Keyword
Transport, Networks, Efficiency, Equity, Vulnerability, Reliability
National Category
Other Social Sciences not elsewhere specified
Identifiers
urn:nbn:se:kth:diva-24936 (URN)10.5198/jtlu.v2i3.16 (DOI)
Note

QC 20101004

Available from: 2010-10-04 Created: 2010-10-04 Last updated: 2016-05-16Bibliographically approved
4. Redundancy importance: Links as rerouting alternatives during road network disruptions
Open this publication in new window or tab >>Redundancy importance: Links as rerouting alternatives during road network disruptions
2010 (English)In: Procedia Engineering, 2010, Vol. 3, 129-137 p.Conference paper, Published paper (Refereed)
Abstract [en]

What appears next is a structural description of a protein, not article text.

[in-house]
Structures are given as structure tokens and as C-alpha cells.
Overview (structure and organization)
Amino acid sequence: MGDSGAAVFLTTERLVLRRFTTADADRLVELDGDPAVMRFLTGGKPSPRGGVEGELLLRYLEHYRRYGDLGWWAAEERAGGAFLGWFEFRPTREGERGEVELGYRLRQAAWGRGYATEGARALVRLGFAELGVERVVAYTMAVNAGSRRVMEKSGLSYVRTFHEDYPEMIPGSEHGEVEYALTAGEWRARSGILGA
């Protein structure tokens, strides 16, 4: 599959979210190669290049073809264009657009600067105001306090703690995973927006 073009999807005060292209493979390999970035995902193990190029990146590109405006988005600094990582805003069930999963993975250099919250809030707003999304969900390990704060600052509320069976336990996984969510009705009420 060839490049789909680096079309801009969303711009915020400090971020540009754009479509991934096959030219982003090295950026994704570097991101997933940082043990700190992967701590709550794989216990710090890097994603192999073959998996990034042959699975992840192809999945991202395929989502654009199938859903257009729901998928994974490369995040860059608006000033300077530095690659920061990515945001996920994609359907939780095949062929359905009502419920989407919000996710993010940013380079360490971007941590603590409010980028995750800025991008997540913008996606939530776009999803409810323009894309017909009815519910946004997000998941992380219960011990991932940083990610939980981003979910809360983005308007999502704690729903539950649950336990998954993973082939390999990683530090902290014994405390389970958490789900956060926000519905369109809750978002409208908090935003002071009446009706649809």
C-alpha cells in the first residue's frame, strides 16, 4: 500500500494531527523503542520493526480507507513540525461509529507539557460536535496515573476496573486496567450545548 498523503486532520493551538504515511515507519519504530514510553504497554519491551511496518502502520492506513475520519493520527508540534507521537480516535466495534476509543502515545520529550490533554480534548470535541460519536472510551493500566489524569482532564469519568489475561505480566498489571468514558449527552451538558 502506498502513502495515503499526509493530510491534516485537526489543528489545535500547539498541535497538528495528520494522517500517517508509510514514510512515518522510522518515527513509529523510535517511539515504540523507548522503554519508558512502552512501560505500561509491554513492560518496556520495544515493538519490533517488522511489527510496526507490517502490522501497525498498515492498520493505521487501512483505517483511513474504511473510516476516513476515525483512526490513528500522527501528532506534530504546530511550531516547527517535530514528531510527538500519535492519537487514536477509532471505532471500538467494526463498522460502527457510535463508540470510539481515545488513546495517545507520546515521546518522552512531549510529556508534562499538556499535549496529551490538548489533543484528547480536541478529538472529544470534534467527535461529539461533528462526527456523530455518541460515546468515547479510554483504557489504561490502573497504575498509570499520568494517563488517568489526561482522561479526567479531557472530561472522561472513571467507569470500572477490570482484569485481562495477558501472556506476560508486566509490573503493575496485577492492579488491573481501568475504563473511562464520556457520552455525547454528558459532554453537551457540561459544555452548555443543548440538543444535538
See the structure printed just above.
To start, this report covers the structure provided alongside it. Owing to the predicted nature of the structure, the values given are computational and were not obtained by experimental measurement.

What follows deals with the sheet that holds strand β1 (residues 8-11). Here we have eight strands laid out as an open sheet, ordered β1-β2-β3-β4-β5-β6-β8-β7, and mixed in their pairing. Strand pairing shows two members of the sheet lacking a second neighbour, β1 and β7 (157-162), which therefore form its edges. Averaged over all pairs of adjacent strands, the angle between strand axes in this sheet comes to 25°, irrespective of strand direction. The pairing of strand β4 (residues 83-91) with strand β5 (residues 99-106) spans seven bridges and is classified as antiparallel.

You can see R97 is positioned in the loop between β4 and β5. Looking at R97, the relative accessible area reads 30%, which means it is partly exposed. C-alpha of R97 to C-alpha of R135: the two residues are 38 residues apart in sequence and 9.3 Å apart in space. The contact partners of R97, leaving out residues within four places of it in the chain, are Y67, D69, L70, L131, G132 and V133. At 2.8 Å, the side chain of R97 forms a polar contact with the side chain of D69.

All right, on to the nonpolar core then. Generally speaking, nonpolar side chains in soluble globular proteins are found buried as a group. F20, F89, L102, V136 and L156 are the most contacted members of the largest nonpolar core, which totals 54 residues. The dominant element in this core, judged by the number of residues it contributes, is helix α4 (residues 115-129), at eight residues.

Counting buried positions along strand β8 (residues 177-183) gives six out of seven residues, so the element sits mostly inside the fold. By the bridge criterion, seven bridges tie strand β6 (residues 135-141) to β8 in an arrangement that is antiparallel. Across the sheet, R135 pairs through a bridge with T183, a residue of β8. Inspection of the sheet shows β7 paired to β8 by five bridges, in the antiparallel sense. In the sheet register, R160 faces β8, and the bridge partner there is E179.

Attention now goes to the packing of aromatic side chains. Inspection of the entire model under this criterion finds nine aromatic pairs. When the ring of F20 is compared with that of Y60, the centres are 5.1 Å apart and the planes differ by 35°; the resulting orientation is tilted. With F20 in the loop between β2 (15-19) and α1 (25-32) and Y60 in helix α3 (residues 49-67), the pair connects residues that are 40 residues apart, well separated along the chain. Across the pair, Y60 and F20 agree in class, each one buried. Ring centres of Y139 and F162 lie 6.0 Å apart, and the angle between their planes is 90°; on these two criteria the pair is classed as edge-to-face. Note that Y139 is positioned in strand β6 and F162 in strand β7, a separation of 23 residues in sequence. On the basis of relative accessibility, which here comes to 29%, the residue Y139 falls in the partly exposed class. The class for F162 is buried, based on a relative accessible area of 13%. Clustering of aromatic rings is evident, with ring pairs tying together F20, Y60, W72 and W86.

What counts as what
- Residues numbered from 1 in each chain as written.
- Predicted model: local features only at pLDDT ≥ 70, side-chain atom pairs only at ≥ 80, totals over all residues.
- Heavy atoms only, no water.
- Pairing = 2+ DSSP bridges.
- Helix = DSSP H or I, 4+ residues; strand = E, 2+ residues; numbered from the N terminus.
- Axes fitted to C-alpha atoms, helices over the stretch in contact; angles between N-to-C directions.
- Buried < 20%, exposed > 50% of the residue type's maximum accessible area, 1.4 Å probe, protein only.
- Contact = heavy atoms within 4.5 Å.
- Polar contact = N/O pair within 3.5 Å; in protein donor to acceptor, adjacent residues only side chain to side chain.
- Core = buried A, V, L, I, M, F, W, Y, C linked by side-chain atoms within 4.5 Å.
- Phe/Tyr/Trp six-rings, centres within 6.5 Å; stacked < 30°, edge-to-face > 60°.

We consider the importance of road links as backup alternatives when other links in the network are disrupted (due to events such as floods, landslides, car accidents etc.). While traditional measures of link importance capture a link’s role for transport efficiency under normal conditions, we are interested in a link’s role for transport robustness and network redundancy. We refer to this concept as redundancy importance and introduce two measures based on traffic flow and disruption impacts (here operationalized as travel delay), respectively. In the flow-based measure we consider the net traffic flow that is redirected to the studied link when other links are closed. In the impact-based measure we also consider the impact that is avoided through the studied link, i.e., how much worse the next-best backup alternatives would be if the studied link itself would not be available. We argue that although a link may not be important under normal conditions, a higher prioritization in resource allocations could be justified if many users could come to rely on it in extraordinary situations. Hence, these measures should be useful as quantitative decision support in the allocation of resources for investments and maintenance as well as for setting up pre-emptive rerouting plans. The measures are applied in a case study of northern Sweden and the general characteristics that determine which links are redundancy important are identified.